“Next, Ma fashioned two great pie crusts. Then the Brindles began to toss every sweet thing they could find into an enormous mixing bowl…Pa shoved the pie into the oven and slammed the door. Quickly he turned the oven dial past “bake,” “broil,” and “roast,” to a setting that simply said, ‘special.'”
Honestly, there is probably not a sweeter (and I mean sweet as in taste) book around than Sweet Dream Pie. Audrey Wood tells the story of Ma and Pa Brindle who mix up a batch of “sweet dream pie”. The pie is full of all sorts of goodies– candy corn, marshmallows, jelly beans and more and has to be baked in a special pie pan on a setting simply called, “special.” As the pie bakes, the whole neighborhood heats up so much so that no one can do anything at all. Finally, when the pie is cool enough to eat, Ma rings a bell and calls out “Its time for Sweet Dream Pie” and the whole neighborhood finds an excuse to stop by for a piece. Everyone that is except for Amy McPherson “who could eat not pie because it made her sneeze.” As the pie was passed out, Ma warned, “Don’t eat too much! Only one piece or you’ll be sorry.” But of course, no one listened and they helped themselves to “sweet thirds and fourths.” When the pie was gone, everyone headed home with full bellies and drowsy heads. And that, is “when the dreaming began…”
While reading this book all your senses are awakened. You can feel the heat drifting through the neighborhood while the pie is baking and you can feel the cool breeze move through as the Brindles blow on it to cool it off. You can feel the characters full bellies as well as their drowsy heads. And, if you try really hard, you can almost tasted the sweet dream pie yourself.
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After reading the story to my first graders, I told them we were going to each create our own recipe for Sweet Dream Pie. I showed them several examples of recipes I had copied and enlarged from real cookbooks and we talked about the parts of a recipe (ingredients, quantities, preparation, cooking time/temperature). I also had different measuring tools displayed for their reference. We did a bit of sorting– which measuring tool would you use for small amounts (teaspoon or tablespoon), large amounts(pint, gallon) and somewhere in the middle (cup). We also talked very briefly about which tools were for measuring dry ingredients vs wet. Then we brainstormed three different lists to help us with our writing. Below is a sample list.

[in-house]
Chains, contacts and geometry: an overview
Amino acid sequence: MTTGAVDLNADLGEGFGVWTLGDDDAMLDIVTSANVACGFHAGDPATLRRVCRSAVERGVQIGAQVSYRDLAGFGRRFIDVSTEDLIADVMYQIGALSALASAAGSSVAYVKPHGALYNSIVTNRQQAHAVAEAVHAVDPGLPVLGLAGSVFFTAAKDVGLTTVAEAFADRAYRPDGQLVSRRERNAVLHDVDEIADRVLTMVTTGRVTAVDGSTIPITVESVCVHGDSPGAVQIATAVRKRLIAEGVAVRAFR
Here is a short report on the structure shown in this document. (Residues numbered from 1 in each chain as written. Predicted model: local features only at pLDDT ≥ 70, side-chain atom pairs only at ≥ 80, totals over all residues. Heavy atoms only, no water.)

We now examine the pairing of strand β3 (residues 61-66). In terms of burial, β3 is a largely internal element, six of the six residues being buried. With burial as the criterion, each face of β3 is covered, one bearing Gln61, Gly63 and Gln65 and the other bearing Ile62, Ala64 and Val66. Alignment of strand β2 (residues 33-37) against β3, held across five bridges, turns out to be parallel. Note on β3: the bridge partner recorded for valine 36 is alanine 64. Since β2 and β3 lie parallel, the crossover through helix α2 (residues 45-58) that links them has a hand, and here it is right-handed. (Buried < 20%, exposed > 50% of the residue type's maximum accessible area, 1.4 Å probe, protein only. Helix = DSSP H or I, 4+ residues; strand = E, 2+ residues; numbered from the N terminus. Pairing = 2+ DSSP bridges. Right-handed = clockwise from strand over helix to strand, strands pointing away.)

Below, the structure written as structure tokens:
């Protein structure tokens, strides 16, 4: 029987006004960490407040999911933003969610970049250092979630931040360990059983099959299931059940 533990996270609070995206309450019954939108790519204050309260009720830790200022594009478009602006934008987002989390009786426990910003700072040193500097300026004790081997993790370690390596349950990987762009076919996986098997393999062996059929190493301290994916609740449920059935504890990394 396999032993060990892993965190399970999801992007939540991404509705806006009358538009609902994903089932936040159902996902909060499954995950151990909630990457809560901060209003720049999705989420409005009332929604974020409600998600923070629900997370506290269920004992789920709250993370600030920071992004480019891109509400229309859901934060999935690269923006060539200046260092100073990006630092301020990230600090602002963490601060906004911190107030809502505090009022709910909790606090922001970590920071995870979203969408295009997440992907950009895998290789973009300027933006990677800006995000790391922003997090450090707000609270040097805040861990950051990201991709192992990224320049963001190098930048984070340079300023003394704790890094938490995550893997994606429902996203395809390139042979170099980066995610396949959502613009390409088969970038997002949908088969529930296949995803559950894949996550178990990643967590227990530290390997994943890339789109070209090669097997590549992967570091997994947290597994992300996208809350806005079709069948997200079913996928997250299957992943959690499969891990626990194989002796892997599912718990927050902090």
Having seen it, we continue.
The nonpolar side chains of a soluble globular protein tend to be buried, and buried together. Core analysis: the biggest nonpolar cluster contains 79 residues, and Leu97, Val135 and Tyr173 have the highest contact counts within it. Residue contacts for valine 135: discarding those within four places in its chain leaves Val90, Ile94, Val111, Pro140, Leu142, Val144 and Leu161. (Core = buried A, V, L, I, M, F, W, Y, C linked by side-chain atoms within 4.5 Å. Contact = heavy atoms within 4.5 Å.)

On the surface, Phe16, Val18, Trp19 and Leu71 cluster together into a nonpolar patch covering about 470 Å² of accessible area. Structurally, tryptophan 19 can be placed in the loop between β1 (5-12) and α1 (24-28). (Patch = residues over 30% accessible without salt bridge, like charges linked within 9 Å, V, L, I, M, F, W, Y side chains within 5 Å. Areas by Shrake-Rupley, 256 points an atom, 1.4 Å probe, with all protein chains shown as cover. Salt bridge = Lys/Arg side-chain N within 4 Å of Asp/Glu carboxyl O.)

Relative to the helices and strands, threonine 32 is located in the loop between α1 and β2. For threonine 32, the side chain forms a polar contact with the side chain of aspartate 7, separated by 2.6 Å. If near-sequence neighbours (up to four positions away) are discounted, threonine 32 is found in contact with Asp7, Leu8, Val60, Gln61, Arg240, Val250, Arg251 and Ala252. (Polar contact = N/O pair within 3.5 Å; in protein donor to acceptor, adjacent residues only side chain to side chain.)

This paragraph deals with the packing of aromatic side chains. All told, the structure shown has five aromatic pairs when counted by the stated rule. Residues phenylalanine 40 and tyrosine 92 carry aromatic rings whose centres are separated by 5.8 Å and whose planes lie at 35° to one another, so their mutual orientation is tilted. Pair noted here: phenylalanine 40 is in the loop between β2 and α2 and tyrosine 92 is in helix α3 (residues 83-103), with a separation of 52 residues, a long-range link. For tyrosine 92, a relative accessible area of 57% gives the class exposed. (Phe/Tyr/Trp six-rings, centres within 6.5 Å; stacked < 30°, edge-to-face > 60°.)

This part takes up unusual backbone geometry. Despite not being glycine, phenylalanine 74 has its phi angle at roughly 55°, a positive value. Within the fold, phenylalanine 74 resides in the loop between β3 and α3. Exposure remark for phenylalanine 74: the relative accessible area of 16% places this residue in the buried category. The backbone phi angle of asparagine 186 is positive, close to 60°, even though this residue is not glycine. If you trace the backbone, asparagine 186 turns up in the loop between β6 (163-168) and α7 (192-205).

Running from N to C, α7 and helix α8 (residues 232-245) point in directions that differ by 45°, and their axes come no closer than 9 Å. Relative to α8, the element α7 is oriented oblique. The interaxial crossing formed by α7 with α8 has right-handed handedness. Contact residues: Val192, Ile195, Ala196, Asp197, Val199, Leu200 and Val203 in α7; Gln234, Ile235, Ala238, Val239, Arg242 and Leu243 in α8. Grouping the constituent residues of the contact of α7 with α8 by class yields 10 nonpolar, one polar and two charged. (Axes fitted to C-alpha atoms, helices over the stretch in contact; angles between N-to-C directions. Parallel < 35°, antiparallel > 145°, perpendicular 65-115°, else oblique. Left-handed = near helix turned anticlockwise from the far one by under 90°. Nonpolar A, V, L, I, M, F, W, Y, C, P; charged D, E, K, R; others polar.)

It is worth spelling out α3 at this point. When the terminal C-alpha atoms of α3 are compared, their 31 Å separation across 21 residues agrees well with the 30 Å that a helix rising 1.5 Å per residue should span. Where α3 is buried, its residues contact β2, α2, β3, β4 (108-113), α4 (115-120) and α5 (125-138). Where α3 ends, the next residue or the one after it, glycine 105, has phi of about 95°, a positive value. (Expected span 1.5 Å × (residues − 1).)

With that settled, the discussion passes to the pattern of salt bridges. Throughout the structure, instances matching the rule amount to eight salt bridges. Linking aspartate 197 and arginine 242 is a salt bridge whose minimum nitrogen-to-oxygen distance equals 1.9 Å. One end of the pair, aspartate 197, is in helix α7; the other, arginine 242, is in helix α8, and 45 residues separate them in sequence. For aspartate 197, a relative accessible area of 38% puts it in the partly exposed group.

- units of measure
- cooking/baking words
Next, I showed the class the paper that we would be using to write our recipes. I had a copy on the overhead and did a quick example with the whole class to be sure they understood what was expected of them. Then, I set them off to work….
My students did an amazing job with their recipes- they were creative and some were quite funny. I wish I had saved some real samples to share here, but did not. So you will have to use your imagination OR try it yourself!
© Stephanie Whittle * Boy Mama Teacher Mama * www.boymamateachermama.com * 2012